In cases of diarrhea, holding animals NPO is somewhat controversial. I usually without food for 12 hours and then initiate feeding a "GI" as described for acute vomiting. Digestibility of the diet is extremely important when treating diarrhea as malabsorbed nutrients can lead to worsening of diarrhea due to osmotic forces and potentially bacterial overgrowth. In addition, low fat content is important because malabsorbed fats can be acted on by intraluminal bacteria and form hydroxy fatty acids, which can worsen diarrhea by decreasing mucosal absorption, increasing secretion, altering mucosal permeability, and altering intestinal motility.


Dilation of small intestinal lymphatics and rupture into the lumen leads to protein losing enteropathy and low serum proteins in dogs. Cases may be idiopathic, or secondary to chronic inflammatory conditions of the small intestine. The aim of dietary management is to decrease lymphatic flow by supplying a very low fat diet. Reduced fat diets used for weight control, such as Hills r/d, Purina OM, Iams reduced calorie dry, or Royal Canin calorie control dry can be effective. Caloric supplementation with medium chain triglyceride oil (MCT) may be necessary. Medium chain triglycerides are absorbed into the venous system, not via lymphatics, and do not stimulate lymphatic flow. Ultra-low fat home made diets consisting of low fat cottage cheese, rice and potatoes can be very effective.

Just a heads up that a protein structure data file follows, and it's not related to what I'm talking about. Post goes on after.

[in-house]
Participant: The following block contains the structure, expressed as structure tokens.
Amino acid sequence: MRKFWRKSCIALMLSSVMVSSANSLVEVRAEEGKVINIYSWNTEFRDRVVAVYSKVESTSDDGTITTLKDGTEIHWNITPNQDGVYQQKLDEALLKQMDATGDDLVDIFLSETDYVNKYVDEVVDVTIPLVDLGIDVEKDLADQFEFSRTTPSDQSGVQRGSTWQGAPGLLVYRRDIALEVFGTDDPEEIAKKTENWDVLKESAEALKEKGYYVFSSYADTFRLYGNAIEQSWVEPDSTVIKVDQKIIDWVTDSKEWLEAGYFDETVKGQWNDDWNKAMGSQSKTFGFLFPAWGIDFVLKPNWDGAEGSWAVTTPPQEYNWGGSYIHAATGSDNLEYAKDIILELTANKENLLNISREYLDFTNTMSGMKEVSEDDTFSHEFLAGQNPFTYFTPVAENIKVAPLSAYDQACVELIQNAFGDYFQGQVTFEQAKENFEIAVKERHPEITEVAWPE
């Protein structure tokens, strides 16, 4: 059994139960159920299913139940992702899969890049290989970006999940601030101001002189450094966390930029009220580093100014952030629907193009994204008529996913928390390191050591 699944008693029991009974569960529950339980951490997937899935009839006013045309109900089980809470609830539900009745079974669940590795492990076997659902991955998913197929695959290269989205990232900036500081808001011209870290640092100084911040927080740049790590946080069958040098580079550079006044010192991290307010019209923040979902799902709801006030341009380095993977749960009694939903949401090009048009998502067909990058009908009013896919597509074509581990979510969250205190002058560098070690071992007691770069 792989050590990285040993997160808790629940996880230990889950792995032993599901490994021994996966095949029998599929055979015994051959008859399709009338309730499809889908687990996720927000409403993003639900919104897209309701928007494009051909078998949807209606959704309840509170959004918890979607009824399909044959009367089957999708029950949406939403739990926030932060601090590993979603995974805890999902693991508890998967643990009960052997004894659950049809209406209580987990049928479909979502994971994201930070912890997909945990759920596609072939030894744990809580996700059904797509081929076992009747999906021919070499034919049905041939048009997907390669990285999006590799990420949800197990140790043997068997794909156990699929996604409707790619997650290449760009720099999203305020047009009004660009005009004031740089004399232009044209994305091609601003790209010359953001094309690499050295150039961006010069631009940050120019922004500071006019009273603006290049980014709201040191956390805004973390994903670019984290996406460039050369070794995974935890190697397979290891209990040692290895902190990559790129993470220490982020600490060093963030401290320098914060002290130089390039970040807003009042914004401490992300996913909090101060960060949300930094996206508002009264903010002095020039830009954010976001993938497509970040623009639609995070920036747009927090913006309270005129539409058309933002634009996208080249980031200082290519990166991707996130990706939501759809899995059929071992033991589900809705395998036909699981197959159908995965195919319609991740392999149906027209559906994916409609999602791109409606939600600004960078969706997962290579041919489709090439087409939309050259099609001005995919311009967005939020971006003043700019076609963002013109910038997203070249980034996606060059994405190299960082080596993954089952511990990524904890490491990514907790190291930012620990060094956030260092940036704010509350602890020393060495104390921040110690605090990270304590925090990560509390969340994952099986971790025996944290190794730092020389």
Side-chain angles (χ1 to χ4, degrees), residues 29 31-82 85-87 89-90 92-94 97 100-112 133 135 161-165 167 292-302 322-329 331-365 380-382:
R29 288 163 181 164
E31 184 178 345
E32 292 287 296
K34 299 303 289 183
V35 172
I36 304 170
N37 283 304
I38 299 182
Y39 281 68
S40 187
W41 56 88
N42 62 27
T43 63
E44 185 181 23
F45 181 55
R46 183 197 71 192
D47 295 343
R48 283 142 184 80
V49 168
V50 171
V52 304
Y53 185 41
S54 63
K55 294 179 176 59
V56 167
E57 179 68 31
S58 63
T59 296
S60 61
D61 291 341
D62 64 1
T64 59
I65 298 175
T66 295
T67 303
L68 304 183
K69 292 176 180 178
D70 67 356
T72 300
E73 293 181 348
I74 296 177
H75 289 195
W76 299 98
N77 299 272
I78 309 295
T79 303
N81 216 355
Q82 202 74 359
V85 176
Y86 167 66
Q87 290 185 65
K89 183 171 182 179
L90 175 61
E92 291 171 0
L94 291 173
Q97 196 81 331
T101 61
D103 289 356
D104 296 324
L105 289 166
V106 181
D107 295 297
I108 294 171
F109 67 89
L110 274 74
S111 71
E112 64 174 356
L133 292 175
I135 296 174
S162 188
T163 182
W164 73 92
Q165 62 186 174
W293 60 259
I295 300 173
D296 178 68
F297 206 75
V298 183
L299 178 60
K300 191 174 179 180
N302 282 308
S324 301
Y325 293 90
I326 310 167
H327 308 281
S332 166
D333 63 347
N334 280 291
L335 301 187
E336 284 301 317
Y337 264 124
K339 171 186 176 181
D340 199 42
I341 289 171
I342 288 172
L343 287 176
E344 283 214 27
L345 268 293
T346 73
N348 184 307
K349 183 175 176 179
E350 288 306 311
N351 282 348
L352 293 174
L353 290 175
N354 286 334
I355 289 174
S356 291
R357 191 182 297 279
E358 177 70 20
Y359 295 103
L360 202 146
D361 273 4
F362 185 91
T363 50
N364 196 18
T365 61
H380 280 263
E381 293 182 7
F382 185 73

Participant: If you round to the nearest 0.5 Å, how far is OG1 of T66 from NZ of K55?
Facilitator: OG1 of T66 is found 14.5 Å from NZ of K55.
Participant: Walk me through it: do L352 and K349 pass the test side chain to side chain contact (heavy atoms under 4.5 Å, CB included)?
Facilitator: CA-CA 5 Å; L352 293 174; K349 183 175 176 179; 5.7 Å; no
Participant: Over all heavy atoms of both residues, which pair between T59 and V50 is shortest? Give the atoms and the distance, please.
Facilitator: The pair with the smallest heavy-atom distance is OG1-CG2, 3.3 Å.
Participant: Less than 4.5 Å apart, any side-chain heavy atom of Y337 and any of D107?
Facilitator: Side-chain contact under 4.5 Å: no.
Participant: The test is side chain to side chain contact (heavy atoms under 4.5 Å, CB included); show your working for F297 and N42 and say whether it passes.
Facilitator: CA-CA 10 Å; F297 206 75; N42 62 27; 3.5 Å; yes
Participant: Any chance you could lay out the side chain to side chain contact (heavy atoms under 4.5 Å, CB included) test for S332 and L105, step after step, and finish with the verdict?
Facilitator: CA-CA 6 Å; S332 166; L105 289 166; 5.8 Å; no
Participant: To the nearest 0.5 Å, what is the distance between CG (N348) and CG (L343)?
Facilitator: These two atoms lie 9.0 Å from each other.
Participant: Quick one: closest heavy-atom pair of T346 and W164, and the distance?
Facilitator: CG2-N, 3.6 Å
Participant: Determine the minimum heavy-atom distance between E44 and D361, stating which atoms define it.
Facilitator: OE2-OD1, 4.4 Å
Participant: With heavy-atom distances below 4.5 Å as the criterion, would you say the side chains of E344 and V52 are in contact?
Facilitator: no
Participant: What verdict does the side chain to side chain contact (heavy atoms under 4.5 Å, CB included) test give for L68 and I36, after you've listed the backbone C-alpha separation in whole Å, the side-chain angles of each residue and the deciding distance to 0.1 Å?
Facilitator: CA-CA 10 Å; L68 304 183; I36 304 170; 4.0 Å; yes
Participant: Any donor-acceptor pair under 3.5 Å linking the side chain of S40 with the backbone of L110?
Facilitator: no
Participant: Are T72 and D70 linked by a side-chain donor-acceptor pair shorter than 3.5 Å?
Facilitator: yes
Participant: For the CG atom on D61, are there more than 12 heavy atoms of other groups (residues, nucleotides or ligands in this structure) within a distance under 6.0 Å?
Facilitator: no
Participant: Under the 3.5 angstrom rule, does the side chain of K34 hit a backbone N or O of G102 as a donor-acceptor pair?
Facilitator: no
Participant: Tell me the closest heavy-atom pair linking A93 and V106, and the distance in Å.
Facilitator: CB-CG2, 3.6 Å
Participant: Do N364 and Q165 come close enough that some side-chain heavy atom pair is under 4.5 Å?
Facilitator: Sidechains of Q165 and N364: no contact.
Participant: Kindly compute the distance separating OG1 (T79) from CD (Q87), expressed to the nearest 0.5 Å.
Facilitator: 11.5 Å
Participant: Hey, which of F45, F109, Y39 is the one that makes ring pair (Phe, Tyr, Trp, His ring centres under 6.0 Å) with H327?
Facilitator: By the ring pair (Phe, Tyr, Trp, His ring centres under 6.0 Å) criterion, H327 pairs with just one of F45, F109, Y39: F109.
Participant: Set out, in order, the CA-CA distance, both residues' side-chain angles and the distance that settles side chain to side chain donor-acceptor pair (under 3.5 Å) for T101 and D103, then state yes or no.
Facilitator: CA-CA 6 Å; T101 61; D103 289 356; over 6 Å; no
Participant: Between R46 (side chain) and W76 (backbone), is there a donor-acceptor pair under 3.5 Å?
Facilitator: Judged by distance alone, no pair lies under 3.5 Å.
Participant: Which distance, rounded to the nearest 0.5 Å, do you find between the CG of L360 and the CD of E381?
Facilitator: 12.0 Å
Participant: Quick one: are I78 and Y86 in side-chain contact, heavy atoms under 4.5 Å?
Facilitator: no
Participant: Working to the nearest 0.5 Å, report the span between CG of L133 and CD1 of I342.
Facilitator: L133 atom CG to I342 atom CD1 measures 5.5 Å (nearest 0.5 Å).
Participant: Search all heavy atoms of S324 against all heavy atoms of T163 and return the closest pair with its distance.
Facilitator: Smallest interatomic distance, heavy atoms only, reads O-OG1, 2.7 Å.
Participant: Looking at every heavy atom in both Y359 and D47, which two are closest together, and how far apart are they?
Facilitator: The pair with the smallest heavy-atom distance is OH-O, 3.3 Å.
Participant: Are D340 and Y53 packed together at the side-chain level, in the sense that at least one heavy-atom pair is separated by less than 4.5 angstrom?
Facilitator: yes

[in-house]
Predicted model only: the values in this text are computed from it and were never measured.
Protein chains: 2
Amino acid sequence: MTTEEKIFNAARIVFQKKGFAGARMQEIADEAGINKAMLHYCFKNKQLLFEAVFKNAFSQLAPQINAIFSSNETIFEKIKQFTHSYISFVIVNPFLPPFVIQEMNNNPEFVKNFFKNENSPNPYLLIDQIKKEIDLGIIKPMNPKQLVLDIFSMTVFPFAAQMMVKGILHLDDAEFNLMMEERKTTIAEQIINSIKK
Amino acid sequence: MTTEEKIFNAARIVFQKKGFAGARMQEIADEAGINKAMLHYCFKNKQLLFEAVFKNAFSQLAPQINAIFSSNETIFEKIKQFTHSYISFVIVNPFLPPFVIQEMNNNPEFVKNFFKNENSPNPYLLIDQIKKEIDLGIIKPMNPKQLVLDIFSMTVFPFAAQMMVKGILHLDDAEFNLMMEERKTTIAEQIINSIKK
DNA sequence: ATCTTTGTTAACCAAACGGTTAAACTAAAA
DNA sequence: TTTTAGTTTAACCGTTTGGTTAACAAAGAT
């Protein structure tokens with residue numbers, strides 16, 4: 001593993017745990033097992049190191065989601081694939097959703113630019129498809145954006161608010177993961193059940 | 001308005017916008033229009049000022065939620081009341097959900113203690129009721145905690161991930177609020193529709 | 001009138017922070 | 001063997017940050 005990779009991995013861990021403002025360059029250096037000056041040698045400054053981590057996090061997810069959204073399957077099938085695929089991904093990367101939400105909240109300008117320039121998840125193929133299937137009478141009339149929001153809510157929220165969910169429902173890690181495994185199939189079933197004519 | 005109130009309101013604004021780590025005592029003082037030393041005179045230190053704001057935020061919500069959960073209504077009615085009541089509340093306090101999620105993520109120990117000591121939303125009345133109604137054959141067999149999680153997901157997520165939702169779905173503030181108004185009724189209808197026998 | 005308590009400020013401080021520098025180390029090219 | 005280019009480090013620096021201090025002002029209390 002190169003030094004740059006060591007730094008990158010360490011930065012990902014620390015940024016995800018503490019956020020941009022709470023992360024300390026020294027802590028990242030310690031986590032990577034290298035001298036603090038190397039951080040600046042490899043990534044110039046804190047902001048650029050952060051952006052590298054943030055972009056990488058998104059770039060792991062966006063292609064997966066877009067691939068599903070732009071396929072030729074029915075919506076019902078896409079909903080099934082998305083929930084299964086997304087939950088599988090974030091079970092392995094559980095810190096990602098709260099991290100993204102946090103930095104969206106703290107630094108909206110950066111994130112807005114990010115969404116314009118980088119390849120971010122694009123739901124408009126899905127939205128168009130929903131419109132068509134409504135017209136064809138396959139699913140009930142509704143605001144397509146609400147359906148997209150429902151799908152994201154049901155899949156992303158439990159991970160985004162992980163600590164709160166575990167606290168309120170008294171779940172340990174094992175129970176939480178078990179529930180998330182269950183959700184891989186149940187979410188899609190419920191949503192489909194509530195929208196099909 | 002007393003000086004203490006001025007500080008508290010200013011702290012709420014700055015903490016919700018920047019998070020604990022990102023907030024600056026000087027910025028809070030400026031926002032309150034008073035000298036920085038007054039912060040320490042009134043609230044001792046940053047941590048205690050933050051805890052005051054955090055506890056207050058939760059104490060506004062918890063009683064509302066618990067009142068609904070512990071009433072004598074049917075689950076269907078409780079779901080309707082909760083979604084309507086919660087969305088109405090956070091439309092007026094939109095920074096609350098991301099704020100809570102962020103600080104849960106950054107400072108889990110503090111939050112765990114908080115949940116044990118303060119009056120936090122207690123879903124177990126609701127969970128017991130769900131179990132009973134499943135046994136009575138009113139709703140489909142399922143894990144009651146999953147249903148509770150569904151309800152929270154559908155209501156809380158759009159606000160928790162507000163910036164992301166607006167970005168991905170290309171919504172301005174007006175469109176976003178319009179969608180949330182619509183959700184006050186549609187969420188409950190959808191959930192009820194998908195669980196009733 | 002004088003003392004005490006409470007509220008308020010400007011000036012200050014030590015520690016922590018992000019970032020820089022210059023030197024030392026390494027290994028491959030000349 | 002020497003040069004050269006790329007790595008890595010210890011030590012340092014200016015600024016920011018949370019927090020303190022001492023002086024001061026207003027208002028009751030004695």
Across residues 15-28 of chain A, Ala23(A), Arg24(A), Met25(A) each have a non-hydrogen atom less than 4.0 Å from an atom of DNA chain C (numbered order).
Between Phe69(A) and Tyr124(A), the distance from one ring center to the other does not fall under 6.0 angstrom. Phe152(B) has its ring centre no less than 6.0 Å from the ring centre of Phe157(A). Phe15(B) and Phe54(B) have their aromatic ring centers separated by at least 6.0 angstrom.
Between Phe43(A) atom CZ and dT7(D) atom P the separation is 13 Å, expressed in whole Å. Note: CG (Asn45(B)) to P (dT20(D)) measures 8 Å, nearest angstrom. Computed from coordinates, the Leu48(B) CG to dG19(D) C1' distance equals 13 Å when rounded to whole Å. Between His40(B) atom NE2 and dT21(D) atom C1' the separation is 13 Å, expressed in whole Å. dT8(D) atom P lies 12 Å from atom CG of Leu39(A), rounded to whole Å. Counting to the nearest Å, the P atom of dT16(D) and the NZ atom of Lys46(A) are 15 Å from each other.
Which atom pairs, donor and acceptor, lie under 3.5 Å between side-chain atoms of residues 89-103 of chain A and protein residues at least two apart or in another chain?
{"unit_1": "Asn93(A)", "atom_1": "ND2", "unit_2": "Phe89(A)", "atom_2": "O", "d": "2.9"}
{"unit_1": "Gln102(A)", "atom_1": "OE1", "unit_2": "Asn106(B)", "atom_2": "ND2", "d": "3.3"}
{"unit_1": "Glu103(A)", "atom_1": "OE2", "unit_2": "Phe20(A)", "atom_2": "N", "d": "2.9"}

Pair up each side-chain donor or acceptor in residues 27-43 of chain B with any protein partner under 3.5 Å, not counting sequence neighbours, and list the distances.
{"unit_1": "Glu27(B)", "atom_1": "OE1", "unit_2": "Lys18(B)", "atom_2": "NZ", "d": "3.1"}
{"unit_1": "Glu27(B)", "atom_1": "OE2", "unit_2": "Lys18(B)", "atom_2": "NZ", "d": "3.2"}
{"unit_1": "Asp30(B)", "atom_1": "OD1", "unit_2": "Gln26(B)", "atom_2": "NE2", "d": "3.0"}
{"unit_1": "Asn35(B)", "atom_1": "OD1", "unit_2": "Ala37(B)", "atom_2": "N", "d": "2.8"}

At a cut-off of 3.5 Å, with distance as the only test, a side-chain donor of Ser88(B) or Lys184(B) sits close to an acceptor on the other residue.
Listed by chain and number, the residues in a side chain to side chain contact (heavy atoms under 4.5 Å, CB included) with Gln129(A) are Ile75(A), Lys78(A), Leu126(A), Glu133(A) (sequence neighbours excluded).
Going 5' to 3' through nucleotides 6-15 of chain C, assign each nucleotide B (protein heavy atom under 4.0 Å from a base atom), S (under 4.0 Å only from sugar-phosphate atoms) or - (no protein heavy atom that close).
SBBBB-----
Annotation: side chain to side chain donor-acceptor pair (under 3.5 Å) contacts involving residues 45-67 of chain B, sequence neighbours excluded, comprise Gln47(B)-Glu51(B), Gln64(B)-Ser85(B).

Plasmacytic lymphocytic enterocolitis – Inflammatory bowel disease

Inflammatory bowel disease is a common idiopathic condition in dogs and cats that causes vomiting and/or diarrhea of small and/or large bowel origin. Diagnosis requires histologic demonstration of intestinal inflammation in the absence of known causes of intestinal disease. Increased mucosal permeability leads to penetration of the mucosa by food antigens and initiation of hypersensitivity, that worsens the inflammatory process. it is also possible that dietary hypersensitivity may play a role in the initiation of mucosal damage.

Because of the potential role of dietary antigens as either a primary or secondary factor in the pathogenesis of IBD, hypoallergenic diets have been recommended as the initial treatment. A hypoallergenic diet must contain protein and carbohydrate sources novel to the patient. A thorough dietary history should be obtained to determine which ingredients the animal has not been previously exposed to. Many hypoallergenic diets are commercially available and utilize lamb, egg, rabbit, venison, duck, fish, or kangaroo as a protein source (Table 1). A homemade diet can also be formulated using these protein sources or others such as cottage cheese or tofu with rice or potatoes as a carbohydrate source. Homemade diets can be deficient in vitamins and minerals. They can be safely fed for trial periods, but must be completely balanced for long term use. Vitamin and mineral supplements must be carefully selected because many contain extracts and flavorings.